Brazilian state oil company Petrobras won shareholder approval Tuesday for one of the world’s largest stock offerings, which will finance ambitious plans to pump billions of barrels of oil from deep beneath the ocean floor. The federal government, which owns 32 per cent of the company, spearheaded the ballot, the cornerstone of a plan to turn the country into a major energy exporter. The vote paves the way for Petrobras to issue as much as 150 billion reais ($84-billion U.S.) of new stock in an oil-for-shares swap and an offering to minority shareholders. The government receives shares in the company in return for giving Petrobras access to up to five billion barrels of offshore oil. 'The capitalization is necessary to improve Petrobras’ financial muscle, protect its credit metrics and pay the federal government for the oil transfer rights,' the government said in a note read at the assembly. The capitalization plan also further cements Brazil’s determination to push ahead with the development of deep-water oil reserves that are seen as a ticket to economic development, despite growing scepticism about offshore drilling sparked by BP’s massive Gulf of Mexico oil spill.
The proposals increasing the limit of existing common and preferred shares and amending company statutes to facilitate the capital injection were approved by 84 per cent of Petrobras’ shareholders. But the transaction is still shrouded in uncertainty because the company has not said how many shares it will issue, nor has it established the value of the oil that will be used in the swap. Approval from the company’s more than 300,000 shareholders hands a swift victory to President Luiz Inacio Lula da Silva in his bid to assert greater state control over Brazil’s newly discovered oil wealth and use Petrobras as a tool to make the country a global powerhouse. The plan 'increases the government’s ability to intervene in the company’s investment decisions,' Erasto Almeida, an analyst at New York-based political risk firm Eurasia Group, wrote in a note. 'Such a trade-off and policy trend is inherent within Petrobras’s new capital expenditure plan.'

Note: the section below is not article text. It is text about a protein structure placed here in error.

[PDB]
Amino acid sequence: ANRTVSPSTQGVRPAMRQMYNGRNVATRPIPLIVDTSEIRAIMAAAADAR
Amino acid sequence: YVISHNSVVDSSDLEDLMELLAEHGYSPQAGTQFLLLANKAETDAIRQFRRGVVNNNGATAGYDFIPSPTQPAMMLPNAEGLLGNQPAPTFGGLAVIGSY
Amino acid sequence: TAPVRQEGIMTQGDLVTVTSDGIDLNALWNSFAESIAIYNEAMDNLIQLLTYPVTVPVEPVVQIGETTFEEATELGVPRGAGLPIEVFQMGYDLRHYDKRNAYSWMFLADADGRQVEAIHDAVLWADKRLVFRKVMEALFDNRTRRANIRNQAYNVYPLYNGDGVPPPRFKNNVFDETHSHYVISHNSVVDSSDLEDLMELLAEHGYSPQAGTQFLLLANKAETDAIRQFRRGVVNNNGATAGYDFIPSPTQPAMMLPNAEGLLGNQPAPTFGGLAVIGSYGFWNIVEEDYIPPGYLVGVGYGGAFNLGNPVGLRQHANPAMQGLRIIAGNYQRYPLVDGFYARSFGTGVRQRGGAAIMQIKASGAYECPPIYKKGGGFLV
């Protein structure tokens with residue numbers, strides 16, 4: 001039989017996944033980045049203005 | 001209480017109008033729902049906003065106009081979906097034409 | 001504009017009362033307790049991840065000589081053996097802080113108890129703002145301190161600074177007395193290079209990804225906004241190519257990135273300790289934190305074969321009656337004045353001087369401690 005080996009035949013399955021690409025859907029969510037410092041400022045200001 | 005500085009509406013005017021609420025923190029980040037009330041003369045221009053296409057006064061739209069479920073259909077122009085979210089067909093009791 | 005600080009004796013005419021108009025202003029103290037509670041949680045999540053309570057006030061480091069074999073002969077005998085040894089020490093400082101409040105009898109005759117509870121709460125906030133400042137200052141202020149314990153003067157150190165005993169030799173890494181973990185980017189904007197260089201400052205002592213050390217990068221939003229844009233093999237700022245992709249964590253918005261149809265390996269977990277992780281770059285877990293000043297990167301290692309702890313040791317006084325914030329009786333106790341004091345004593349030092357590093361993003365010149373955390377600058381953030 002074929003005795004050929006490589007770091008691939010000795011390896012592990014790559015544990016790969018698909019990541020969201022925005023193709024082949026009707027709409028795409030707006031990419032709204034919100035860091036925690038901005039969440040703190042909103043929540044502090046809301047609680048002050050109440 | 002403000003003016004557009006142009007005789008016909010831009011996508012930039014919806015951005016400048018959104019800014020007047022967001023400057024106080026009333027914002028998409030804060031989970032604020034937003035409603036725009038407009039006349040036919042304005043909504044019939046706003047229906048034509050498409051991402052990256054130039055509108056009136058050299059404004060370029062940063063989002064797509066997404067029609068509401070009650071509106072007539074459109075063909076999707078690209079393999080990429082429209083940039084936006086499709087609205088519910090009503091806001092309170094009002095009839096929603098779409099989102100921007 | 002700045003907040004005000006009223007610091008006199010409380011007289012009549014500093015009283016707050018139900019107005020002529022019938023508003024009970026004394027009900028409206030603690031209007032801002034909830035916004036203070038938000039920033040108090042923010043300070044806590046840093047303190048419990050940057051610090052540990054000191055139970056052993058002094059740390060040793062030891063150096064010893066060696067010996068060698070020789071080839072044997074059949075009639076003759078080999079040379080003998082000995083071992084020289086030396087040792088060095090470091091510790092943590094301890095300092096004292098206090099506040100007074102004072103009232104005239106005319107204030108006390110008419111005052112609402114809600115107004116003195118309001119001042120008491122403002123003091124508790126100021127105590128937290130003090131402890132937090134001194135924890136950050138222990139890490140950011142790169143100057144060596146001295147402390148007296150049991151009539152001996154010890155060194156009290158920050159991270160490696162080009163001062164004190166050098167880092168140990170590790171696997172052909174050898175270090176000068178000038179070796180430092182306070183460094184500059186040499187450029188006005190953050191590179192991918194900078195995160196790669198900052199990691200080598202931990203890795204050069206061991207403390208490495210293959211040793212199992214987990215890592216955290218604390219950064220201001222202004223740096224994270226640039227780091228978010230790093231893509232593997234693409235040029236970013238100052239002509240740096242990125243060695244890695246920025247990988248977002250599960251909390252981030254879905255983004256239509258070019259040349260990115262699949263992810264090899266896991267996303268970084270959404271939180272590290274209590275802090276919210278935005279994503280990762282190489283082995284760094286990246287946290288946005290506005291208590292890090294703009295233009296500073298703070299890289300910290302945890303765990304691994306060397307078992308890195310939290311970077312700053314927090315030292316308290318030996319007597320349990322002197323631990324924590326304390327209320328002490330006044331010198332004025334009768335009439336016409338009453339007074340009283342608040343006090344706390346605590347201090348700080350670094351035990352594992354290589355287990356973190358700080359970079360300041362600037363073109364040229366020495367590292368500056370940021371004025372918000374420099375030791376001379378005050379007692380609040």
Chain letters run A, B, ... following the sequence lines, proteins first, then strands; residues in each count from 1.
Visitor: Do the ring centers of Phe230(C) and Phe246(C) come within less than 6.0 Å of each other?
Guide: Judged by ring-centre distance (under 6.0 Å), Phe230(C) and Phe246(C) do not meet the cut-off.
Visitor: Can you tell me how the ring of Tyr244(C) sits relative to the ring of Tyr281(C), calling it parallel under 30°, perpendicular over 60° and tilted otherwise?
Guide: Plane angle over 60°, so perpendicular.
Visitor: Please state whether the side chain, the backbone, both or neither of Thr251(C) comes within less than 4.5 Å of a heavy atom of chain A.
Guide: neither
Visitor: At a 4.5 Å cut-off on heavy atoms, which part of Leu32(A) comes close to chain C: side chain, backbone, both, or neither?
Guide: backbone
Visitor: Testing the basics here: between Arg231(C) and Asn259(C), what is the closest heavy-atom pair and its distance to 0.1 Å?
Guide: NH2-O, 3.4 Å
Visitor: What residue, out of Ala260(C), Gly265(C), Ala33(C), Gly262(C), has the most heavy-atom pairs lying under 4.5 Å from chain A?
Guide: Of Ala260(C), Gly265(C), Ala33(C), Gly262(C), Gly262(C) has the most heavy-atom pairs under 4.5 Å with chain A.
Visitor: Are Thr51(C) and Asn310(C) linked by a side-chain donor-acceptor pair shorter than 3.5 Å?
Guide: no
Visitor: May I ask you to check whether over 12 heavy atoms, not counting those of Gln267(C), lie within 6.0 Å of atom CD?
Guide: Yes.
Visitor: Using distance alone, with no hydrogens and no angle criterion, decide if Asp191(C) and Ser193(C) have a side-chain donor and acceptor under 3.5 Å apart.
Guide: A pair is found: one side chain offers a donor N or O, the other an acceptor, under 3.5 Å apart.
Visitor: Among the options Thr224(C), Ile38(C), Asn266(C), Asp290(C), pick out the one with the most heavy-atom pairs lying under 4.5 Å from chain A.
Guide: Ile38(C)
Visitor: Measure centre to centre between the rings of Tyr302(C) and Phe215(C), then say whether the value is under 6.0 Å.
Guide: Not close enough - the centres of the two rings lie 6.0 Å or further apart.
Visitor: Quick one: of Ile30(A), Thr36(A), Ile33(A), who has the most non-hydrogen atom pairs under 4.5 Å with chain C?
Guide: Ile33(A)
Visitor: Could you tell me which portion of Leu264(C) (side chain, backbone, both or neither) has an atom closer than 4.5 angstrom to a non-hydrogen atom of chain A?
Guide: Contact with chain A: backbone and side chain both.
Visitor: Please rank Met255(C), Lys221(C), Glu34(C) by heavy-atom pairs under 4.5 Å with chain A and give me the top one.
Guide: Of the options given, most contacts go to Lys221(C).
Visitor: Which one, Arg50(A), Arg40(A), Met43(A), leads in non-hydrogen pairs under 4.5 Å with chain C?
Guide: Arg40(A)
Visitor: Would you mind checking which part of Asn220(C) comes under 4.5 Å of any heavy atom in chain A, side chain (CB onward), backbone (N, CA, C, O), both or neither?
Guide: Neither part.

Replenishing Petrobras’ capital base is crucial for the company’s $224-billion five-year investment plan, which focuses on developing the subsalt region, an area deep beneath the ocean floor under a thick layer of salt that may hold 50 billion barrels of oil. The company could attract up to $25-billion from minority shareholders, while gaining access to as much as 5 billion barrels of crude that will likely include oil from the subsalt region, one of the world’s biggest discoveries in the last decade. Preferred shares, the company’s most widely traded class of stock, closed down 1 per cent at 29.11 reais Tuesday after the proposals passed. It also hands a victory to Petrobras management, which has for months struggled to push forward the complex operation and ensure it can launch the share offer in July, before capital markets slow down for summer vacation in the northern hemisphere.